Our Immigrant Neighbors

. 2 min read
An angel of the Lord appeared to Joseph in a dream and said,
“Get up, take the child and his mother, and flee to Egypt,
and remain there until I tell you;
for Herod is about to search for the child, to destroy him.”
Then Joseph got up, took the child and his mother by night,
and went to Egypt, and remained there until the death of Herod.
Matthew 2:13-15
In the recent Christmas season, we were reminded that the
infant Jesus began life as a refugee. You may recall that, last year, we
collected winter clothing for Syrian refugees in camps in Turkey. Our contact
in Turkey (there with the US State Department) continues to volunteer and serve
in the camps. She informs us that with the recent executive order on
immigration, 587 refugees who had already completed the eighteen-month
screening process required for immigration to the U.S. are now in limbo, hoping
to be granted an exception to the new policy. In many cases, these folks have
already sold their few possessions and given up their legal status in Turkey,
making their situation even more precarious than it once was. One hundred of
these refugees were to have arrived in the U.S. this week. Please be in prayer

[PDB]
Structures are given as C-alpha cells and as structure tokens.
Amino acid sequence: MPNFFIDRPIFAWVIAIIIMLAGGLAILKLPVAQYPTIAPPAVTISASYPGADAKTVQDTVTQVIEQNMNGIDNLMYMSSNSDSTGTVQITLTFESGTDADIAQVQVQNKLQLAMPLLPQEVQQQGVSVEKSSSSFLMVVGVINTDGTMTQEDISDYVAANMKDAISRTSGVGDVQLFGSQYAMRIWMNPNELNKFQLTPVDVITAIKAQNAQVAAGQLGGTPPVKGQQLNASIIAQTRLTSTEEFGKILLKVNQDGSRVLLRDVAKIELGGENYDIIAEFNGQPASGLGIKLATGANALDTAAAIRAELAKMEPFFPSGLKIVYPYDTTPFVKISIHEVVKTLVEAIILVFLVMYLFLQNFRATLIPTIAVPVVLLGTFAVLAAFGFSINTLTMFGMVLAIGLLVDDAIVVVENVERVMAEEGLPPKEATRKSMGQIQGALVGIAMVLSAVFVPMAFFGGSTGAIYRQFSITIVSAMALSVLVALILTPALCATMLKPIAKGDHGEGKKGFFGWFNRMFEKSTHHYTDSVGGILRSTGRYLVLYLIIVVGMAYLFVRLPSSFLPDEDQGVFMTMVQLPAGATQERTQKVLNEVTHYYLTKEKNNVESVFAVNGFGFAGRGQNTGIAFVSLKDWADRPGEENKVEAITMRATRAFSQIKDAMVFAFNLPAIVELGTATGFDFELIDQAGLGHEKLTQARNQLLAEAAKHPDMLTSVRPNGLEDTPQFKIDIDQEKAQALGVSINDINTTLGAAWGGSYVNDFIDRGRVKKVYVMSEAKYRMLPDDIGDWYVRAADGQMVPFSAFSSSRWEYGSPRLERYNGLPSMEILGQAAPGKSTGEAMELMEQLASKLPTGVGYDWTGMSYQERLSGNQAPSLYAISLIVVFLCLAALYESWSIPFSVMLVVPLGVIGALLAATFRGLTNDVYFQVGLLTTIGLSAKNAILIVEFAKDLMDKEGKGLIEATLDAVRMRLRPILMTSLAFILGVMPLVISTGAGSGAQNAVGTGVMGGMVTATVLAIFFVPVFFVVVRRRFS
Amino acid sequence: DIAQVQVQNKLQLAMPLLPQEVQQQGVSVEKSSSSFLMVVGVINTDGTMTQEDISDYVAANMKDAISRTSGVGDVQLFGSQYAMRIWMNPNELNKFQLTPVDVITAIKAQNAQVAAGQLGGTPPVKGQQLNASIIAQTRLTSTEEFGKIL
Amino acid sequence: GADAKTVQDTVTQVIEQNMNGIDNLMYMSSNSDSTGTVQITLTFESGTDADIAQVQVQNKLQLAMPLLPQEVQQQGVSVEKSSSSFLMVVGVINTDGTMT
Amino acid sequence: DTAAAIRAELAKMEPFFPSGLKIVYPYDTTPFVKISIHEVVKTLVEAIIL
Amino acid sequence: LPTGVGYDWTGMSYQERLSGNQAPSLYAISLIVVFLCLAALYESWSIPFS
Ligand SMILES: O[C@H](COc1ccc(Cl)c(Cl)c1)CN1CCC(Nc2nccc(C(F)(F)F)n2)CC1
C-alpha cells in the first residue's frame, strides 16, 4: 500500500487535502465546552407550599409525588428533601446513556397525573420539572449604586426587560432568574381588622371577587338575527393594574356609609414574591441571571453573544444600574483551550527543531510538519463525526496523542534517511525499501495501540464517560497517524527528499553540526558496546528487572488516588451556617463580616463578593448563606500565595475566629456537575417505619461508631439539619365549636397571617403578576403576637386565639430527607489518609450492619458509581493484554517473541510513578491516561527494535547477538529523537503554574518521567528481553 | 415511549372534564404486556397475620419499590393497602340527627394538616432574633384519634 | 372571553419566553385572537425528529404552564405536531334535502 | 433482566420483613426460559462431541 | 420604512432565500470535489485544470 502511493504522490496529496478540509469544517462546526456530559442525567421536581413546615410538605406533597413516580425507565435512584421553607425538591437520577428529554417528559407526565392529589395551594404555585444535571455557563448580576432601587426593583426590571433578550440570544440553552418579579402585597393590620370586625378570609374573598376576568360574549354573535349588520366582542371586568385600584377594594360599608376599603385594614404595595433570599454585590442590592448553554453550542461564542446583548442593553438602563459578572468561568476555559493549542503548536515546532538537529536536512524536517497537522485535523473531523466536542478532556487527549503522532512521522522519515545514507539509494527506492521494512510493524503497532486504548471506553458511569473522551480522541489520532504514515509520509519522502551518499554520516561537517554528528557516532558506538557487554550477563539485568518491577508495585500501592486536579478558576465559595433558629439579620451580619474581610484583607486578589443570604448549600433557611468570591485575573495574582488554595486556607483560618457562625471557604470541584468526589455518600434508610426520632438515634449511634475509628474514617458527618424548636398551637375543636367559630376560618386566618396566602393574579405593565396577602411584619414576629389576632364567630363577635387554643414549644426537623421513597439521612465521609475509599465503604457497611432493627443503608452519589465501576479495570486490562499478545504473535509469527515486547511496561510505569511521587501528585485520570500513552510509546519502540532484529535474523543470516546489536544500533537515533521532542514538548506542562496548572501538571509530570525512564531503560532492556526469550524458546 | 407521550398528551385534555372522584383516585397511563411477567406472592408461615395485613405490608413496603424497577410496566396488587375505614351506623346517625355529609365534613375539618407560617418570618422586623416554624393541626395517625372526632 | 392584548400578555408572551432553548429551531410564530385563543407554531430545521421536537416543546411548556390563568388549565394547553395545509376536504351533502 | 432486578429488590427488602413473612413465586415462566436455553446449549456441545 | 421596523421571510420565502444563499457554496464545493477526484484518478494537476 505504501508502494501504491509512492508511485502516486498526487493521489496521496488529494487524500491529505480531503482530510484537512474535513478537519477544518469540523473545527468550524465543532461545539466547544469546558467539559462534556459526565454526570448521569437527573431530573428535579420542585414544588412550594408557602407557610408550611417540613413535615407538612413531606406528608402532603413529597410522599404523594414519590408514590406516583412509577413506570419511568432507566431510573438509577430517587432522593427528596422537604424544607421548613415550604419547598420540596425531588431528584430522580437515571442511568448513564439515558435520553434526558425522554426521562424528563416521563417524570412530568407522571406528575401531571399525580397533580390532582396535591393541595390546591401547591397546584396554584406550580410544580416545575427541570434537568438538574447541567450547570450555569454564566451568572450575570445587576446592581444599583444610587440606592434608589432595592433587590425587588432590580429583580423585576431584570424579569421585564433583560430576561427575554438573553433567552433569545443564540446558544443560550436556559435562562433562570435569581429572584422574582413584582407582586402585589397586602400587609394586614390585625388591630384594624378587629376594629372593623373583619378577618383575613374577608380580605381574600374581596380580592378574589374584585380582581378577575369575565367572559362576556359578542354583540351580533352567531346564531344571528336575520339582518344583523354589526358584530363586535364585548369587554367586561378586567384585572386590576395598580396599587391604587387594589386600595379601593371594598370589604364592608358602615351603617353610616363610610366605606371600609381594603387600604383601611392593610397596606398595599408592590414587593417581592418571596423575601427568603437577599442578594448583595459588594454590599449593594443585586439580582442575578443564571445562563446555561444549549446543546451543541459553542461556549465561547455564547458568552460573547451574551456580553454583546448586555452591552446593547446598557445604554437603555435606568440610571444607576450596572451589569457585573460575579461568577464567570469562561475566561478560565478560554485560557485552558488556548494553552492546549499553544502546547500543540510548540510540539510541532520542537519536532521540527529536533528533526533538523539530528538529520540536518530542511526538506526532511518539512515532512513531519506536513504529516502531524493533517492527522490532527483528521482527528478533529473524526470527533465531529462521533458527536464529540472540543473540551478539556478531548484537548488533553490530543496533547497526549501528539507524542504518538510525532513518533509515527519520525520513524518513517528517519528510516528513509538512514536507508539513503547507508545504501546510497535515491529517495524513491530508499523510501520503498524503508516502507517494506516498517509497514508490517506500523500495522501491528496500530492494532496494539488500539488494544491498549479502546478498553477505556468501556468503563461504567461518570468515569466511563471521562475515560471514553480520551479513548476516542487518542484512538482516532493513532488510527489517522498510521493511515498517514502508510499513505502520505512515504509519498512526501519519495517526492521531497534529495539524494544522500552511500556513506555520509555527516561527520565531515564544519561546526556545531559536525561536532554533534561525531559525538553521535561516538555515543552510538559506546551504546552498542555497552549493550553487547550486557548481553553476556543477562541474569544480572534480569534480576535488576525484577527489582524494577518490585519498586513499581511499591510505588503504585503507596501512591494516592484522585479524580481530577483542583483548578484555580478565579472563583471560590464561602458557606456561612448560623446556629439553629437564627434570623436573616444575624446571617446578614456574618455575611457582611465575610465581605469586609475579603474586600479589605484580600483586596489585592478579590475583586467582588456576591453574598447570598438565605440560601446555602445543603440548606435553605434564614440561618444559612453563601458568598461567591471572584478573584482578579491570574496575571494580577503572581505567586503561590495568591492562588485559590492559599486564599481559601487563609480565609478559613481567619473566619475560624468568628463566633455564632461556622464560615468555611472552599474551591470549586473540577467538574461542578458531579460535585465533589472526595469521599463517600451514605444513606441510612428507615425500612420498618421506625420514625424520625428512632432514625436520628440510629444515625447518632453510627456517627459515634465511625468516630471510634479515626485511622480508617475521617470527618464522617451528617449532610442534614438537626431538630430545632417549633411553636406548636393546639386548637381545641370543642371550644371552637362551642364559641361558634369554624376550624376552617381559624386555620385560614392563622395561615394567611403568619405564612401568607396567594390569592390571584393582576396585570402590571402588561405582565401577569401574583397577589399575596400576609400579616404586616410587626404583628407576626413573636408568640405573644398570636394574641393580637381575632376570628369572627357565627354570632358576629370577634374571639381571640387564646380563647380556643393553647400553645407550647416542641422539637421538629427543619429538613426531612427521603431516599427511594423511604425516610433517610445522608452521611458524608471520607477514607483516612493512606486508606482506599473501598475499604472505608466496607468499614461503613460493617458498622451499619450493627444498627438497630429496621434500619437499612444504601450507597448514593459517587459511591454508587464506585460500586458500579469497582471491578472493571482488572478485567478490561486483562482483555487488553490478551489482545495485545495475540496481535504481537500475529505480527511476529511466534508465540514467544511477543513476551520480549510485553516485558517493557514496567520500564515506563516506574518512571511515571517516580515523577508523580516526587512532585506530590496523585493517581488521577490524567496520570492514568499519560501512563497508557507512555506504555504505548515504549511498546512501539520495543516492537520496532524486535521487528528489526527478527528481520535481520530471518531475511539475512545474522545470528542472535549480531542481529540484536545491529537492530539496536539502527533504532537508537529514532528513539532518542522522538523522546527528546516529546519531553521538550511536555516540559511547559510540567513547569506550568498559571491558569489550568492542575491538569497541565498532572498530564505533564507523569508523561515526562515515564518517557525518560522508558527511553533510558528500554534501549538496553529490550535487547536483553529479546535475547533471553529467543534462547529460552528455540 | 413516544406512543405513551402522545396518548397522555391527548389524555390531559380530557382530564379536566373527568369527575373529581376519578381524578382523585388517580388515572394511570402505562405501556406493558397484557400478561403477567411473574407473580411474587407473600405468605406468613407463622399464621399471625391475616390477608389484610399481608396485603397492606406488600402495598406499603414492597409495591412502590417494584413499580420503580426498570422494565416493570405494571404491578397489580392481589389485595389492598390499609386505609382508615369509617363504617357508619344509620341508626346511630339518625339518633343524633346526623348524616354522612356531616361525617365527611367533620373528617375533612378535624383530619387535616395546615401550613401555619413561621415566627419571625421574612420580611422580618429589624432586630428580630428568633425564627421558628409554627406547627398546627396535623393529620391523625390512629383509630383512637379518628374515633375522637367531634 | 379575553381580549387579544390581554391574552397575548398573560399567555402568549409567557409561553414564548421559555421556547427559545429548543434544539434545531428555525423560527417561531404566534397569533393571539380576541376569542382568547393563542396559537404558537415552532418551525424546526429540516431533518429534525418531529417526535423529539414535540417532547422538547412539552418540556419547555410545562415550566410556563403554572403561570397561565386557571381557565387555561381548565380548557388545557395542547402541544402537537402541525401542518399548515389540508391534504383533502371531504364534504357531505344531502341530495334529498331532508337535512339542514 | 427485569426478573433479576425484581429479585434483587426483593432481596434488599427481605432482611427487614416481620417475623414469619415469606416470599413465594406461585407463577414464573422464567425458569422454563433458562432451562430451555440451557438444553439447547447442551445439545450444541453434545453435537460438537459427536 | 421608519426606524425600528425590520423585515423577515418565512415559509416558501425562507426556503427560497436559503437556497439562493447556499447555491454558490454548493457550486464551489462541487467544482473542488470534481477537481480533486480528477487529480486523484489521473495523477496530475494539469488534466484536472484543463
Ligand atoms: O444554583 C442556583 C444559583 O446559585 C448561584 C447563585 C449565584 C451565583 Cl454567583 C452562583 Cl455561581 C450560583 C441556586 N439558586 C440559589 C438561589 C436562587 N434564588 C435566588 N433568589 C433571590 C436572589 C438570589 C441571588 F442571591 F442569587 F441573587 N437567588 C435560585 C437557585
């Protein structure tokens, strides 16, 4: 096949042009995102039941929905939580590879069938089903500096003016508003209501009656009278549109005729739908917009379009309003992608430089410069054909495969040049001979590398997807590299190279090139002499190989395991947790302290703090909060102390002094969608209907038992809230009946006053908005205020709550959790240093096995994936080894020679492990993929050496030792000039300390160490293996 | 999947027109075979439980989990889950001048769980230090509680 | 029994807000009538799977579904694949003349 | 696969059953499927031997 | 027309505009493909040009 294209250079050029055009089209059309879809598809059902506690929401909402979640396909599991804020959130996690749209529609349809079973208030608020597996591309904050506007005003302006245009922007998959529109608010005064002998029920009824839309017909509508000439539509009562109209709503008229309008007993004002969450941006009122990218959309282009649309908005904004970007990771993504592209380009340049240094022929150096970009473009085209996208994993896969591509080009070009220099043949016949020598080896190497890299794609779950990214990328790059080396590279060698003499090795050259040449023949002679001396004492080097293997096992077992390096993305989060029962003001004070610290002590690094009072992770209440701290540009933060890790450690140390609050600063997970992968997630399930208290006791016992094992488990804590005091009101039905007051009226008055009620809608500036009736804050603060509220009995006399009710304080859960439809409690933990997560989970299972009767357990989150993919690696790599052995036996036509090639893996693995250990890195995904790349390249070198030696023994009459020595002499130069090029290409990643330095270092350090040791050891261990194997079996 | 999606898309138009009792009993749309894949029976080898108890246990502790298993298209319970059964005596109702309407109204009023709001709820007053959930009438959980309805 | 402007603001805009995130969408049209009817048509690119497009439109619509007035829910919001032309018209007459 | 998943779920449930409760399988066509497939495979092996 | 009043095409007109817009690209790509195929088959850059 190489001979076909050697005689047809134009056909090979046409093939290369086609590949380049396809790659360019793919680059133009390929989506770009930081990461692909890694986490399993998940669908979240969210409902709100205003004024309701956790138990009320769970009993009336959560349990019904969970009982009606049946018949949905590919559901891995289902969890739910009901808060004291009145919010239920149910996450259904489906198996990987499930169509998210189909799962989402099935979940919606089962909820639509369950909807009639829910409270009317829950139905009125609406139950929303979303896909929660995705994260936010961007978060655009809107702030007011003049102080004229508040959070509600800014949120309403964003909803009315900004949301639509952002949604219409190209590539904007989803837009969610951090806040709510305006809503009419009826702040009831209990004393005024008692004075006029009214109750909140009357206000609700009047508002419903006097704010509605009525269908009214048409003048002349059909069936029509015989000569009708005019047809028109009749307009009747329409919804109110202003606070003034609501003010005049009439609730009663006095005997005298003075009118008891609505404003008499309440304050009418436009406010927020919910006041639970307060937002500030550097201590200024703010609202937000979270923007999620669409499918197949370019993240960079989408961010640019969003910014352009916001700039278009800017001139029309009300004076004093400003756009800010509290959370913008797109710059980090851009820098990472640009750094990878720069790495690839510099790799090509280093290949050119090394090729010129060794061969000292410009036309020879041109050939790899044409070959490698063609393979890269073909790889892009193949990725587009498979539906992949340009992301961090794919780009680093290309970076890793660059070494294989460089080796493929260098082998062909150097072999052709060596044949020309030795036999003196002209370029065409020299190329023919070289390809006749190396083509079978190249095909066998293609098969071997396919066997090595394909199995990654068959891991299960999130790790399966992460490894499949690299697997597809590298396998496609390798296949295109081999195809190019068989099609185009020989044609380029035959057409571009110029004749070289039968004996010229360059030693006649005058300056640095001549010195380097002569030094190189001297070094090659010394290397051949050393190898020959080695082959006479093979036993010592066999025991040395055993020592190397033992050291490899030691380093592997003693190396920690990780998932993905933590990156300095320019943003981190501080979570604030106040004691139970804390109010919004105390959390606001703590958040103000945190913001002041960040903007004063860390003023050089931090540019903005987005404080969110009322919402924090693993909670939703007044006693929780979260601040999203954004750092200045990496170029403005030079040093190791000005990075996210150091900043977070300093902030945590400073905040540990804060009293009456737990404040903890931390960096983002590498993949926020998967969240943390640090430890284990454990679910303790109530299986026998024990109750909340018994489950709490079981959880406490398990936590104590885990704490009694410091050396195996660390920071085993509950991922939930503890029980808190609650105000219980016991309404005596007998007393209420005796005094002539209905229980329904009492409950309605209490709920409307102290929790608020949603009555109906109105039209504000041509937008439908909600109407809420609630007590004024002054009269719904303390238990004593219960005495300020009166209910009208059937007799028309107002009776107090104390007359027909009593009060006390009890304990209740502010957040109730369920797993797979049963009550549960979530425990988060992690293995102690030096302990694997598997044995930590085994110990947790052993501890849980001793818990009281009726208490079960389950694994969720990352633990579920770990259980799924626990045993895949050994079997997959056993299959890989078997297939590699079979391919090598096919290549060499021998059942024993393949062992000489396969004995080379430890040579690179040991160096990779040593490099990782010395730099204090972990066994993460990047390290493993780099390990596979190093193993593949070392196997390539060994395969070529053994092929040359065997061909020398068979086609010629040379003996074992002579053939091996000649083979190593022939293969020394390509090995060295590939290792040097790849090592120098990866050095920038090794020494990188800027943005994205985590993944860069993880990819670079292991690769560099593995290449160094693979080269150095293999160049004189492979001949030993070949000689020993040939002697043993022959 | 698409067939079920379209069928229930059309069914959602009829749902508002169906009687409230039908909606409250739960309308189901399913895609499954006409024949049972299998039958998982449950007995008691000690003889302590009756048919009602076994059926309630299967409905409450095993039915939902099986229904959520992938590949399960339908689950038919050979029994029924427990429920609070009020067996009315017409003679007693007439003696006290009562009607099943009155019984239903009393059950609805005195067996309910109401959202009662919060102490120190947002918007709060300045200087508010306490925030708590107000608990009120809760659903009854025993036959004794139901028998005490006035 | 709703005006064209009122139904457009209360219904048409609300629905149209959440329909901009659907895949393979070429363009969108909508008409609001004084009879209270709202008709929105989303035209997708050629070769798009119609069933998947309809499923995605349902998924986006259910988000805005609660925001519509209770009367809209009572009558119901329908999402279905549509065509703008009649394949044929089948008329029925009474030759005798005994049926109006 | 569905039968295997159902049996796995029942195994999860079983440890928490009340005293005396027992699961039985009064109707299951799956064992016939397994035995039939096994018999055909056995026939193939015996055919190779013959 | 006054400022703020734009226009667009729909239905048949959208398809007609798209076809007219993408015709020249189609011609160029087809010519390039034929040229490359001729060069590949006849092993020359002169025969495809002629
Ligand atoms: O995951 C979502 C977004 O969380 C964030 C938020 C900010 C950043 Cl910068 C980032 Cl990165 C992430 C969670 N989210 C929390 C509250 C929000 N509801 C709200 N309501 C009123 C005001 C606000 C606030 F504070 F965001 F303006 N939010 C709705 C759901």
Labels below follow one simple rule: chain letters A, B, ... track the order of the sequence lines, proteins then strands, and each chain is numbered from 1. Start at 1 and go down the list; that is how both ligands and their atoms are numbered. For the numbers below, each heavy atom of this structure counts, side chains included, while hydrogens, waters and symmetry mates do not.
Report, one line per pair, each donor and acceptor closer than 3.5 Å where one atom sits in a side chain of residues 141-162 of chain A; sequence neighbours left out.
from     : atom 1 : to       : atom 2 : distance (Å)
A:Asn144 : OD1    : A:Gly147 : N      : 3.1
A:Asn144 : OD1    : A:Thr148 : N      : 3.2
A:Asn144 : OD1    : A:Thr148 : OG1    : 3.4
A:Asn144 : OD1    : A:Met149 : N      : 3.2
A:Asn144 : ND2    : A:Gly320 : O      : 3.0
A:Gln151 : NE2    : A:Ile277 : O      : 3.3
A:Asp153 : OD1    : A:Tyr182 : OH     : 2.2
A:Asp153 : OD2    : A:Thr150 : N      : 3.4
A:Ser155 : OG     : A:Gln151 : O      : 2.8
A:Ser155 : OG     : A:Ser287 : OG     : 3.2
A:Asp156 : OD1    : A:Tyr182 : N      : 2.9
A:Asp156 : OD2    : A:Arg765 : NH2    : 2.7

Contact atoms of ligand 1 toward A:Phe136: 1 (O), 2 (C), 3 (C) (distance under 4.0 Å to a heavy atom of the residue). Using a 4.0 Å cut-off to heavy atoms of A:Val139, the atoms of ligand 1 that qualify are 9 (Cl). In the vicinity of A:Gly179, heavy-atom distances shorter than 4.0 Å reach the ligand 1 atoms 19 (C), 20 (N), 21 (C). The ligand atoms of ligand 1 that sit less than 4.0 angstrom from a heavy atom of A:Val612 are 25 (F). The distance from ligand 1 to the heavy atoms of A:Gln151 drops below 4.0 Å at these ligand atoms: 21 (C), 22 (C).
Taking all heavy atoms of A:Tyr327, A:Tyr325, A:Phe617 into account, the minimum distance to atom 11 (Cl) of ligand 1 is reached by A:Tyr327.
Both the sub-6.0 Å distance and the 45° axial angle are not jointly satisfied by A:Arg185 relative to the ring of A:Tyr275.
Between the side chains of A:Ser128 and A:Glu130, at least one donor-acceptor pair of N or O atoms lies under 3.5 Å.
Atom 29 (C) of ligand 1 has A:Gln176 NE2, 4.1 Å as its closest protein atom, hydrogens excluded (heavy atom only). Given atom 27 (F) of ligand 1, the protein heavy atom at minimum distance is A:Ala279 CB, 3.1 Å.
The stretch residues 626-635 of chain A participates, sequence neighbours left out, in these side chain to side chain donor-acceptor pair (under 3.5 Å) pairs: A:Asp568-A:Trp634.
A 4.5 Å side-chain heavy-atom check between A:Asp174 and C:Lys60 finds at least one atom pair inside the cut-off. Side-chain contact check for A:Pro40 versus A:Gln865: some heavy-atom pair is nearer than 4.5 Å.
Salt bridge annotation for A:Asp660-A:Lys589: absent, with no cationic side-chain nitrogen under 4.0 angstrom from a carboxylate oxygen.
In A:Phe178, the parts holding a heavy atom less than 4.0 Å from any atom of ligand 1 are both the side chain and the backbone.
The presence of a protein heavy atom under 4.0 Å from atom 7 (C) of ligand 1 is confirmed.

for these neighbors of ours, most of whom are women and children. Local aid
agencies are scrambling to find ways to assist them in this unexpected time of
need and we may have an opportunity to offer practical help. As soon as I know
anything specific, I will pass that along to you.
I have tremendous personal investment in welcoming and
caring for immigrants. Like many of you, I am the great-grandson of immigrants
on two sides of my family. I was born with citizenship in another nation (as
well as US citizenship). I have helped a friend, Mohammed, study for his
citizenship exams, was present as my brother and sister became citizens, and
made my own citizenship vows before a district justice. Many of you have shared
similar stories. I am moved with compassion to love my immigrant neighbors,
wherever they are from and whatever their story. If you would like to discuss
this further, I would be happy to meet.

Luke’s gospel tells us that when the scribe, wanting to
justify himself, asked Jesus, “And who is my neighbor?” Jesus responded by
telling a story of one person caring for another, one “good” Samaritan caring
for one Jew (Luke 10:25-37). Jesus chose the two most distant and antagonistic
social and religious groups of his time to demonstrate this example of
neighbor-love. Though nations have their own policies, as followers of Jesus we
also recognize our common beloved humanity as those made in God’s image and
purchased by the blood of Christ. In our anxious times, we are called to
practical expressions of courageous love, a gift we have demonstrated time
after time. It is a privilege to share in this call together.